V1 horizontal axonal connections are key components of fusion development and maldevelopment (Fig. 2). Binocularity in primates begins with horizontal connections between V1 ocular dominance columns (ODCs) of opposite ocularity (21-23). These connections are immature in the first weeks of life, conveying crude weak binocular responses (24-26). Maturation of binocular connections requires correlated (synchronous) activity between right eye and left eye geniculostriate inputs (27,28). Decorrelation of inputs (Fig. 3), produced by binocular noncorrespondence, causes loss of horizontal connections over a period of days in V1 of kittens (27,29). The inference from our experimental results and clinical studies is that similar losses occur over a period of weeks in V1 of monkeys and over a period of months in V1 of children. Binocular decorrelation also promotes interocular suppression (Fig. 4) as a further hindrance to fusion (1).

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Fig. 3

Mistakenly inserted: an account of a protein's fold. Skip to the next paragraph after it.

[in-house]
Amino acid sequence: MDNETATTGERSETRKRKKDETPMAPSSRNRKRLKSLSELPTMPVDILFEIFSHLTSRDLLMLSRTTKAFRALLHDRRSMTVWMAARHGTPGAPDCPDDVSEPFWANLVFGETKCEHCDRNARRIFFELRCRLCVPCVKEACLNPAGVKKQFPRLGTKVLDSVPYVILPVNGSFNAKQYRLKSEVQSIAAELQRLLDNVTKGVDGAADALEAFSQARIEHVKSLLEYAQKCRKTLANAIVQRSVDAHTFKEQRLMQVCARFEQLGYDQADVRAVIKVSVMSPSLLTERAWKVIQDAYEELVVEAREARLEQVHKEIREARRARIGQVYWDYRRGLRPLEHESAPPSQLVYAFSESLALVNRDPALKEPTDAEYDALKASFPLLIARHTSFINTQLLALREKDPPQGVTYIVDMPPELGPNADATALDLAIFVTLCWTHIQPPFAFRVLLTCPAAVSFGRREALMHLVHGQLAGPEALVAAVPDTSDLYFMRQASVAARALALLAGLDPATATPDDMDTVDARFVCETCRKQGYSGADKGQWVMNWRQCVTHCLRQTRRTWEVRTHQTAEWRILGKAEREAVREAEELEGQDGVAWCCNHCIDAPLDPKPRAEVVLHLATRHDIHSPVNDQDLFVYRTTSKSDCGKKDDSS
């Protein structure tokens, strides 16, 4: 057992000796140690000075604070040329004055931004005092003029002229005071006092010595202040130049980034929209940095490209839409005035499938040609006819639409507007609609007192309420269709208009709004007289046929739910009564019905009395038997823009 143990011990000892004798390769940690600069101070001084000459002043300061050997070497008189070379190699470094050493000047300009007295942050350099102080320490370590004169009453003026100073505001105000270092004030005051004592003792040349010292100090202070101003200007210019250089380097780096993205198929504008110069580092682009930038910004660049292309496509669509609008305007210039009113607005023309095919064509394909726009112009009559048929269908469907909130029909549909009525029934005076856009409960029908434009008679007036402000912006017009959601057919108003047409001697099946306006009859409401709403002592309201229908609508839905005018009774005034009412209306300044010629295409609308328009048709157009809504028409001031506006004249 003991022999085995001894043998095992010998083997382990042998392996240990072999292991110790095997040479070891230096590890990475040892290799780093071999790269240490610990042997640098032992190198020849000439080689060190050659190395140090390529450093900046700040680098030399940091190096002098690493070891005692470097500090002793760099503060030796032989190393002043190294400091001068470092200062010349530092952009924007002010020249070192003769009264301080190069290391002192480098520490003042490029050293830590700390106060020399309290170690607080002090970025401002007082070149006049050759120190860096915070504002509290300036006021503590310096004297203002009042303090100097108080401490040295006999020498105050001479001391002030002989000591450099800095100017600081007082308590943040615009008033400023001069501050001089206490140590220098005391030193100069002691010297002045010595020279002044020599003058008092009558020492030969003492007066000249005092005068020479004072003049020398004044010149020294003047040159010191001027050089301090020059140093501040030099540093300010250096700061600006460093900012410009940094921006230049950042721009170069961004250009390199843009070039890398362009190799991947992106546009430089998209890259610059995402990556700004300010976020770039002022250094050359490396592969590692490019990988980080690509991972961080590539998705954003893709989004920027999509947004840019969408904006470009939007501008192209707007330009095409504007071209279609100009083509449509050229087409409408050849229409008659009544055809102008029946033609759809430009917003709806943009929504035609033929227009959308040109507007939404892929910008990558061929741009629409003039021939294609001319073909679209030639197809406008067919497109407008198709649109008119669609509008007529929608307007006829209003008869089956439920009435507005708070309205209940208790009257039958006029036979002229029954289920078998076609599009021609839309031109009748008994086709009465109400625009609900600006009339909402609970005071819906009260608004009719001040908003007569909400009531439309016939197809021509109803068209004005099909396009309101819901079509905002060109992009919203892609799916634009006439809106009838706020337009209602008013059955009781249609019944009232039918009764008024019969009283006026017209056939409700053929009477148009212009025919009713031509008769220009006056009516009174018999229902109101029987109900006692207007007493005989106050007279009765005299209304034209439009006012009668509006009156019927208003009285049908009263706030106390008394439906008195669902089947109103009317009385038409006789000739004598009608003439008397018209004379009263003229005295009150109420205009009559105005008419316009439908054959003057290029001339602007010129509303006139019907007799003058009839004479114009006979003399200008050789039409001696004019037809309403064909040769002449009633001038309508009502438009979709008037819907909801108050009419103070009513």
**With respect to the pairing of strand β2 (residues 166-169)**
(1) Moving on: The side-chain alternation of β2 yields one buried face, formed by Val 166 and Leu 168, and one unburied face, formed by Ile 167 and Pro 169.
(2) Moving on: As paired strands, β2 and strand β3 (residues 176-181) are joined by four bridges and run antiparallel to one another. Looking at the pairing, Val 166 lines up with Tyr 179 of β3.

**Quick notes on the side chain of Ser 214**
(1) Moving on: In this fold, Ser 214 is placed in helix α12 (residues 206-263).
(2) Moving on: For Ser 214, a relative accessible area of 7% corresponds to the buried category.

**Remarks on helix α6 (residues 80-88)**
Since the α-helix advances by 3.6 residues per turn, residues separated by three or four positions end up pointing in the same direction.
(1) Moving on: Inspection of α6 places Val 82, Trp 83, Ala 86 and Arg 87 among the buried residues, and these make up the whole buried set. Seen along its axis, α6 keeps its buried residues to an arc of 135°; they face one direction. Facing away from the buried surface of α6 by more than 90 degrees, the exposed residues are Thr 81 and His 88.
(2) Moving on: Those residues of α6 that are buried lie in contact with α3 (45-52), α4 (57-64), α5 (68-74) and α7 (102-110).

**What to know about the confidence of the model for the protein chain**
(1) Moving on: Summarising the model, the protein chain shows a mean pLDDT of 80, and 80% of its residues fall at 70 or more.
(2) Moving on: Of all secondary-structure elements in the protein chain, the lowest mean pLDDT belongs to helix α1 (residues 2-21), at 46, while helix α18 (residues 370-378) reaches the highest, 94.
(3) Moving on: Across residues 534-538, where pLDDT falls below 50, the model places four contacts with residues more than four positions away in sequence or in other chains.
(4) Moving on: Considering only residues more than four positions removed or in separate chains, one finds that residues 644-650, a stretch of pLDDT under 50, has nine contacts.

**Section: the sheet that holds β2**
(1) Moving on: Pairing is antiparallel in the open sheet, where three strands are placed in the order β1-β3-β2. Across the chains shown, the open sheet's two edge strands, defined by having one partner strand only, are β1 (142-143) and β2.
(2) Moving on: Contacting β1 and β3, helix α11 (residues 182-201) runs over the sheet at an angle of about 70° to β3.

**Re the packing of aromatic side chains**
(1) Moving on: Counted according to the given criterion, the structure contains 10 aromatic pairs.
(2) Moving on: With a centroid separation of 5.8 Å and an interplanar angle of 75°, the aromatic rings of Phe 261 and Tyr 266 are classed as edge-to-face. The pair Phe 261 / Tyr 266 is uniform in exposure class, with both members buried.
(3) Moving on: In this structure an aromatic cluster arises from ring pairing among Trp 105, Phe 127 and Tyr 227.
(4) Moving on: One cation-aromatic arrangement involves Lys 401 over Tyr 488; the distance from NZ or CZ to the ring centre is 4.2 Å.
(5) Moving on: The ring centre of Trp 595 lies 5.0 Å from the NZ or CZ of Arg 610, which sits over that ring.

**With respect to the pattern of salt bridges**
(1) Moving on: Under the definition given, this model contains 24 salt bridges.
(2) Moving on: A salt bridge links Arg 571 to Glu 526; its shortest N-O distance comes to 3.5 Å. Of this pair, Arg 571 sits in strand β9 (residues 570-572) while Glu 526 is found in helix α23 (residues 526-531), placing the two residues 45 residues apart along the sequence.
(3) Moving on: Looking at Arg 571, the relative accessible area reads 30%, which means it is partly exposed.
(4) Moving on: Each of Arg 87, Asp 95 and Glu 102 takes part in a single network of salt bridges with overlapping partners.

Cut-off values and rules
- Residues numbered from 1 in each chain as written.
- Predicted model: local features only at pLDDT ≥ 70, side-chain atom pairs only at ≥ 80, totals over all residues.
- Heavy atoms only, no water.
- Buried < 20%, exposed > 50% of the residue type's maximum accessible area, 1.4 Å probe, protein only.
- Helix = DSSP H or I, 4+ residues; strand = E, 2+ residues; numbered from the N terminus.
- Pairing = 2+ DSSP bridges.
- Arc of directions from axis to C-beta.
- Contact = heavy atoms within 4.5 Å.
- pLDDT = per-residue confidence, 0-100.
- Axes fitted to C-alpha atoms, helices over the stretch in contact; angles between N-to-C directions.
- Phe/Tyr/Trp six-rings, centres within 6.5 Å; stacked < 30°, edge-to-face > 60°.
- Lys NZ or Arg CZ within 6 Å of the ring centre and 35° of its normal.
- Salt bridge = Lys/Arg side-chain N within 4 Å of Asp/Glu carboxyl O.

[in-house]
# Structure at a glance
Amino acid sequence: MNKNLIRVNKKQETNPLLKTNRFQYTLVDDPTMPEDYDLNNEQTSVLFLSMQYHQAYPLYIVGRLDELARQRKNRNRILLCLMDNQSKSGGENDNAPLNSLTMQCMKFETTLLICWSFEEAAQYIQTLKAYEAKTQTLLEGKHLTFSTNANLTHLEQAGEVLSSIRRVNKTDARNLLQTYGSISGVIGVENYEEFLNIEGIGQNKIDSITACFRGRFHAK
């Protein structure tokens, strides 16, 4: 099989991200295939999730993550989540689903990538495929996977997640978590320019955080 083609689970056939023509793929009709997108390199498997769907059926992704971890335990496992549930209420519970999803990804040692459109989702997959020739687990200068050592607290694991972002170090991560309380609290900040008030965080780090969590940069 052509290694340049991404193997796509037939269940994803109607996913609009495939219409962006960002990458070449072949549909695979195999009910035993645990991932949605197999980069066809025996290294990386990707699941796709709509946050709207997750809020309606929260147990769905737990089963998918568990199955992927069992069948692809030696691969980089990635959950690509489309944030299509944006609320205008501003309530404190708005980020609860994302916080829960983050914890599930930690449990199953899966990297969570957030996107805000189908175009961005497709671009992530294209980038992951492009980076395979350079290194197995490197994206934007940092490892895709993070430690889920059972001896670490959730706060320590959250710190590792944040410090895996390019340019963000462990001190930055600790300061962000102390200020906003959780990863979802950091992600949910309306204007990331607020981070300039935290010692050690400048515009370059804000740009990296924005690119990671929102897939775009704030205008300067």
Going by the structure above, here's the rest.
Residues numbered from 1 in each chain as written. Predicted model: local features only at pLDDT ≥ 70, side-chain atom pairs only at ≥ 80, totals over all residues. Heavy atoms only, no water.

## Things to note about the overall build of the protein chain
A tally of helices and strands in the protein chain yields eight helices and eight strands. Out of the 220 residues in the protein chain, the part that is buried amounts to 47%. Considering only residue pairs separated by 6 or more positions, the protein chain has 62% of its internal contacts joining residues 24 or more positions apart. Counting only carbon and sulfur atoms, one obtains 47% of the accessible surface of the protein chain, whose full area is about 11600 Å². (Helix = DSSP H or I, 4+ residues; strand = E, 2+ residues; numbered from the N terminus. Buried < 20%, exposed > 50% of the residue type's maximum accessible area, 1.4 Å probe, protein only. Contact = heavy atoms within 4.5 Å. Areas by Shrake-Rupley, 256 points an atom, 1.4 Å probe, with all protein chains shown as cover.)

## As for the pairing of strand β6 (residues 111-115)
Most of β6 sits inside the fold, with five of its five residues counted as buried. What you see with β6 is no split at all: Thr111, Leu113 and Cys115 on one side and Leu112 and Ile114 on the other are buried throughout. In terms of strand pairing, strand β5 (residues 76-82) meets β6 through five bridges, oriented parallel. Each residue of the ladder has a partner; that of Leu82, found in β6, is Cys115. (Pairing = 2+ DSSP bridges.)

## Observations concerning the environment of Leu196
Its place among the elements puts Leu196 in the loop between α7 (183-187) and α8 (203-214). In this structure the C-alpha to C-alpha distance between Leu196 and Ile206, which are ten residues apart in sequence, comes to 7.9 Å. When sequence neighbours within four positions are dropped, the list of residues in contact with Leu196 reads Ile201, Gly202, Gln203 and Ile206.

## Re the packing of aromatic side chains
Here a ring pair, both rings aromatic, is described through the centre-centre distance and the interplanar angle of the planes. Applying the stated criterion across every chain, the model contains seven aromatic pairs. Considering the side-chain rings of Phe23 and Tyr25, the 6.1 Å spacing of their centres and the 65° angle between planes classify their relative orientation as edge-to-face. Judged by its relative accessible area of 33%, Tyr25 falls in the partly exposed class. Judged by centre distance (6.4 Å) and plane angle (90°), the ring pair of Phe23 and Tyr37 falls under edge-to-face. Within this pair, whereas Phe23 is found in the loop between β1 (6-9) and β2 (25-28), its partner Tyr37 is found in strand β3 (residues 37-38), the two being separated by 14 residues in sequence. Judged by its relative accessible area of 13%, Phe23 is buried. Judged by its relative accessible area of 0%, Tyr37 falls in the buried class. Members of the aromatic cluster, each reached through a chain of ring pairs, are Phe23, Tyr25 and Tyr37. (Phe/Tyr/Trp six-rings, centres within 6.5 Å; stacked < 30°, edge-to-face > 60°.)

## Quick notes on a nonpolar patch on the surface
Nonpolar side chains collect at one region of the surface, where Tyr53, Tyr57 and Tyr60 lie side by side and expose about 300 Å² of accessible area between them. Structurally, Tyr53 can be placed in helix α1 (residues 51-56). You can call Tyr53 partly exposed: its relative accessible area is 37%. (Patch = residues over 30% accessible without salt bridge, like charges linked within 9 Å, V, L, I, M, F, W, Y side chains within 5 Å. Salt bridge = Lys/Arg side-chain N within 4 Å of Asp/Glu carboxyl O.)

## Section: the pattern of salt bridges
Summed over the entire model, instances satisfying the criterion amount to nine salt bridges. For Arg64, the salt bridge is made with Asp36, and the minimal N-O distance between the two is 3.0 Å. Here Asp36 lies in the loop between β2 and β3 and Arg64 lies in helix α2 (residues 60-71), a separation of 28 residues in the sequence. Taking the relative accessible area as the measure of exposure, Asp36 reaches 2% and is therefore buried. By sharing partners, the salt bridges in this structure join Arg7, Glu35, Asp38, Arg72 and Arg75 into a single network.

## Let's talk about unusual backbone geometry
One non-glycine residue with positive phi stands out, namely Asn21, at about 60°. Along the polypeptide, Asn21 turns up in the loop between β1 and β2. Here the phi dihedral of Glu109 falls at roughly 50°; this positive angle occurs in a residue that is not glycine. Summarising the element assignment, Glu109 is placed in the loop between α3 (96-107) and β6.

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Fig. 4
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In the first months of life in humans and weeks of life in monkeys, monocular motion visual evoked potentials reveal a nasotemporal asymmetry (30-33). Monocular preferential looking testing reveals greater perceptual sensitivity to nasalward motion (34). Monocular pursuit and optokinetic tracking reveal biases favoring nasalward target motion (12,35-38). These nasalward motion biases are pronounced before onset of sensorial fusion and stereopsis but systematically diminish thereafter. They are retained in subtle form in normal adult humans and can be unmasked using contrived monocular stimuli (39,40). If normal maturation of binocularity is impeded by eye misalignment or monocular deprivation, the nasalward biases persist and become pronounced (34,41-47). The nasalward gaze bias is the key feature of the fusion maldevelopment syndrome. Other common findings are loss of stereopsis, interocular suppression, strabismus, and smaller amplitude torsional/vertical oscillations of the eyes.

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Clinical studies of children (43) and adults (2,4,44,48) with LN have inspired a series of behavioral, physiological, and neuroanatomic studies in nonhuman primates (NHPs) who had LN associated with naturally occurring (22,23,49-55) or experimentally induced (1,10,56-65) infantile strabismus. The common finding of these experiments is that the prevalence and severity of LN correlate systematically with the age of onset and duration of binocular decorrelation in infancy.